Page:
Slim (drumbot version two)

Slim, the robot drummer, at Steampunk November 2017


Since it’s somewhat unusual for a band to play with robots, we thought you might be interested in the details of their creation.  The robot drummer is a continuously evolving project that we hope to keep improving upon.

This page is a general overview of the robot project – for a more detailed explanation of how they were built including wiring and code, see the build log.

In August 2017, we introduced the world to our new drum playing robot -Slim!  He is the second, much upgraded version which began with the simple yet adorable Junkbot, who you can find out more about below. 

Slim is a completely new  robot whose code and parts build on what was learned in building Junkbot.  Slim has a total of 5 sticks (two on each “hand” and one on the bass drum) which each have the same style of gears connecting the servo and stick that Junkbot had.  His upper body is a skeleton decoration that attaches to a drumset bass drum using some extra pipe.  The arduino and electronics are housed in a lantern box that hangs from his sternum, and wires to the servos and 6 volt battery all extend from there. 

His most important new feature? After some tutorials and experimenting, the controls that had to be adjusted manually on Junkbot are all now sent via bluetooth  with an Android app.

He even went to the recording studio with us and is featured on several tracks on our second album, Machines and Monsters.  He was pretty excited!

On our way to the recording studio!




Junkbot (drumbot version one)

Junkbot the drum playing robot poses with External Combustion Orchestra

Junkbot and the band at Figments and Filiments April 2016

Latest Updates!

The Beginning

It started with an idea.  Wouldn’t it be cool to have a robot drummer?  I, Hedera Helix, Musical Mastermind (Kelsey) decided to make the dream a reality.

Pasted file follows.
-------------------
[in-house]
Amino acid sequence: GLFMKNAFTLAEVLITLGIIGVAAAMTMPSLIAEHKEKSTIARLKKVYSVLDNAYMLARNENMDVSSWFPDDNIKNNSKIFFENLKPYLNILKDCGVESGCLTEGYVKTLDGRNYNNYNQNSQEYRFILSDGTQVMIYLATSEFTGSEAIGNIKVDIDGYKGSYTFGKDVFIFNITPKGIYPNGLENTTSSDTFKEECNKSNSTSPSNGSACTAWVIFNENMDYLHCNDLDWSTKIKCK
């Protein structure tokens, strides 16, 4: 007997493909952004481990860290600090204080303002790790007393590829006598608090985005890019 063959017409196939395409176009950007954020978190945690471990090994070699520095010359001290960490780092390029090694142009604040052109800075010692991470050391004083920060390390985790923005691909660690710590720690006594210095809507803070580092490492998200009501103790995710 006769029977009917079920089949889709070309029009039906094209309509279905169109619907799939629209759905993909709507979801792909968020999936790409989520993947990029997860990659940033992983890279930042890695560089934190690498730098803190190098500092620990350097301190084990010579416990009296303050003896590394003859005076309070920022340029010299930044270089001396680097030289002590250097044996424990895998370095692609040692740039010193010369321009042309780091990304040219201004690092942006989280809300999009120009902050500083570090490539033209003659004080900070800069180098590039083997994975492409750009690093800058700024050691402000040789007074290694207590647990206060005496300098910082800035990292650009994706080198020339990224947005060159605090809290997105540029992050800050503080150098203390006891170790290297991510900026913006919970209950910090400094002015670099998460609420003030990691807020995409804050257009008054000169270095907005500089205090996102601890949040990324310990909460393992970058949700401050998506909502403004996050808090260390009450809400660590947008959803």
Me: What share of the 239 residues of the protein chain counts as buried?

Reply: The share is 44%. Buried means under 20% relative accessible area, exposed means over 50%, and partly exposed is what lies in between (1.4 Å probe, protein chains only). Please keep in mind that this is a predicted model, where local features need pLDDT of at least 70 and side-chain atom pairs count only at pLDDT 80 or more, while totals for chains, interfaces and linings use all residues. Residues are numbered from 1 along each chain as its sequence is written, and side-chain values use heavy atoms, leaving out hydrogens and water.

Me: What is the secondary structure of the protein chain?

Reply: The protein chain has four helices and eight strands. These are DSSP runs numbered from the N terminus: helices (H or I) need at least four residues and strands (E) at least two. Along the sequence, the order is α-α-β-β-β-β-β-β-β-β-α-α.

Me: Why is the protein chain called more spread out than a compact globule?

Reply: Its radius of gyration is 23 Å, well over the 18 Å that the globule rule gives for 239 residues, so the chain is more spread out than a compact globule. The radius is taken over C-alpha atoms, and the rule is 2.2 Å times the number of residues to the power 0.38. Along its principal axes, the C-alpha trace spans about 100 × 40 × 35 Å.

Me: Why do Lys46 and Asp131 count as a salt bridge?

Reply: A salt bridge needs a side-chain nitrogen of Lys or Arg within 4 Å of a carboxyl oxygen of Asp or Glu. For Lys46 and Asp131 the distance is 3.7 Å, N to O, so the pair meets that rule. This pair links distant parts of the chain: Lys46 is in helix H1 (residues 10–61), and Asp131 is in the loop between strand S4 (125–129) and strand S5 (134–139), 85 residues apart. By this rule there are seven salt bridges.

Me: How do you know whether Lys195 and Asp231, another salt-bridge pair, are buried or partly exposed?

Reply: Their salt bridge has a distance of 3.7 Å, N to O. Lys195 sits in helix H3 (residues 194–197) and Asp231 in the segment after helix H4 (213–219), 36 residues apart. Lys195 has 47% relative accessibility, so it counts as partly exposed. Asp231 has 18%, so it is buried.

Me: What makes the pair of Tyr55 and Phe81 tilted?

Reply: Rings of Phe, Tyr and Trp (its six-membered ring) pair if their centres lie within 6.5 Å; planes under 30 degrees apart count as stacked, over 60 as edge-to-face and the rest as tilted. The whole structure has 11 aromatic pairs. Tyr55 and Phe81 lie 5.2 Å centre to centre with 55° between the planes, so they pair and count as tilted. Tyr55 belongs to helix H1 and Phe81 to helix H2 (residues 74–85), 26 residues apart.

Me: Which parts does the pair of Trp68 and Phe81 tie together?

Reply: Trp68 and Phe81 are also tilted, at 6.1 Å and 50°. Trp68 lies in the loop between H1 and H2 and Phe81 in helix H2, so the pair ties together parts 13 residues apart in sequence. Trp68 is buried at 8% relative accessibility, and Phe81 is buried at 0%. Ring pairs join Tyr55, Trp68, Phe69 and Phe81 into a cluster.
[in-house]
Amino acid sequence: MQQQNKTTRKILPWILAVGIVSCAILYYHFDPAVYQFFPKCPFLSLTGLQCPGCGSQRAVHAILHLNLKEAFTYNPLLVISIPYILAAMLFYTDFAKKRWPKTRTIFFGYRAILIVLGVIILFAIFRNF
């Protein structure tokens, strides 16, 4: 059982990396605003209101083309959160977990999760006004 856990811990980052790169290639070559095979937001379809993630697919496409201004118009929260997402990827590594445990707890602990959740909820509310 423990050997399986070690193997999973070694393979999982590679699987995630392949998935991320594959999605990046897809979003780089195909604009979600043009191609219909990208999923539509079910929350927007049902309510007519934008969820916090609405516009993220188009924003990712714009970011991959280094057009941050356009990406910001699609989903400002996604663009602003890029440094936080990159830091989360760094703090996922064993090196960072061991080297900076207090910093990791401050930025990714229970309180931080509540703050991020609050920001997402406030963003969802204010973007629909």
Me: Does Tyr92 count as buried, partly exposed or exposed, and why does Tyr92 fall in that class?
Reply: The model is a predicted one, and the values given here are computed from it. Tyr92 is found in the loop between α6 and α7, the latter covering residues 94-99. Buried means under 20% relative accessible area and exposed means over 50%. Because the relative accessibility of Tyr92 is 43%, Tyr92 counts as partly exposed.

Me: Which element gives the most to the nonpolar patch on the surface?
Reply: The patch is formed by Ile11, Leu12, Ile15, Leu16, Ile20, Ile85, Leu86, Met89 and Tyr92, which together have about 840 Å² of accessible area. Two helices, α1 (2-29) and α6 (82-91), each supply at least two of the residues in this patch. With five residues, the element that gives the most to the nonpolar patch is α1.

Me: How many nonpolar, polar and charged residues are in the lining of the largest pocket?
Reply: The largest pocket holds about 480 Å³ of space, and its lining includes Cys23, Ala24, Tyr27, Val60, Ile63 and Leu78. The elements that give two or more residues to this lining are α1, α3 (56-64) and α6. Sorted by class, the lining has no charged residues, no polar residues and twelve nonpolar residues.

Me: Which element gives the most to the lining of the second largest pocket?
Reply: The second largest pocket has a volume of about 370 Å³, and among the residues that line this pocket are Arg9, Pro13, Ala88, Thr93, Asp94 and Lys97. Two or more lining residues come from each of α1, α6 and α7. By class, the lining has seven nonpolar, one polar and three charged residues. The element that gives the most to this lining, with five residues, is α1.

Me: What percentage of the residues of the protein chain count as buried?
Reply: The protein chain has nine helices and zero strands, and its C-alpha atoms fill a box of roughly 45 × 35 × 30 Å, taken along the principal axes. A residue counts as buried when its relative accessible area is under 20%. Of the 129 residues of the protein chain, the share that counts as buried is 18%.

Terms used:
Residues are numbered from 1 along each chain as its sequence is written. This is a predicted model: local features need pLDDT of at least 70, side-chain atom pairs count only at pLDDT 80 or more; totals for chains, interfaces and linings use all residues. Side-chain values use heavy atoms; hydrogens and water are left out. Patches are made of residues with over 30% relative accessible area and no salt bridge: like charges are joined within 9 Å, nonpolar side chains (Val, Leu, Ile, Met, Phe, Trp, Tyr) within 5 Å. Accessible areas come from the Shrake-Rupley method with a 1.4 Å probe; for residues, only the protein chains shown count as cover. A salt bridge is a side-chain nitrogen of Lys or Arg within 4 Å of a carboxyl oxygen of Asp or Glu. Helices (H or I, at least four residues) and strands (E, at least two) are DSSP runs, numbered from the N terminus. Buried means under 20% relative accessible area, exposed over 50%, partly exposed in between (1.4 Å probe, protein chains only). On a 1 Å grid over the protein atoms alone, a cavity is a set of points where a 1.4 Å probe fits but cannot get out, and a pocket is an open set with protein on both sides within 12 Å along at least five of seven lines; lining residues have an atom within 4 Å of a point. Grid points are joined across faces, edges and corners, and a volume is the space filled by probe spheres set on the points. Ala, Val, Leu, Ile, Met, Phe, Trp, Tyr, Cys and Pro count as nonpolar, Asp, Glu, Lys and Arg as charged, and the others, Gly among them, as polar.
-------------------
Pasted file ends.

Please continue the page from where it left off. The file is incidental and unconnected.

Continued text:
Like all good projects and experiments, it began with research.  Googling “robot drummer” pulled up some exciting links and as I continued to look into it, it became apparent that this was going to be actually possible without millions of dollars or advanced engineering degrees.

Next, it was time to start learning some basics.  I decided to try an arduino controlled machine, so I went out and got an arduino starter kit.  Except for the laptop, this kit included everything needed to get started and a number of Junkbot’s current parts came from it.  I did the beginner projects in the book that came with the kit until I thought I had what I needed to make sticks go up and down regularly.  Then I picked up some extra parts and started putting together a drumbot!

Drumbot version 1 uses:
wiring – the arduino and the hardware it talks to are connected through a breadboard.  This is like a circuit board but you can move the wires around to experiment and change things.
servos – I connected two servos to the arduino.  They each move one stick.
switches – Junkbot  has a power switch and a “Run” switch
potentiometer – this is the tempo control dial
code – the arduino must be programmed to know what to do.  The kit’s instruction book explains how to tell the arduino what’s connected to it and what to do with them.  This took some fiddling with to get the servos to move exactly how I wanted.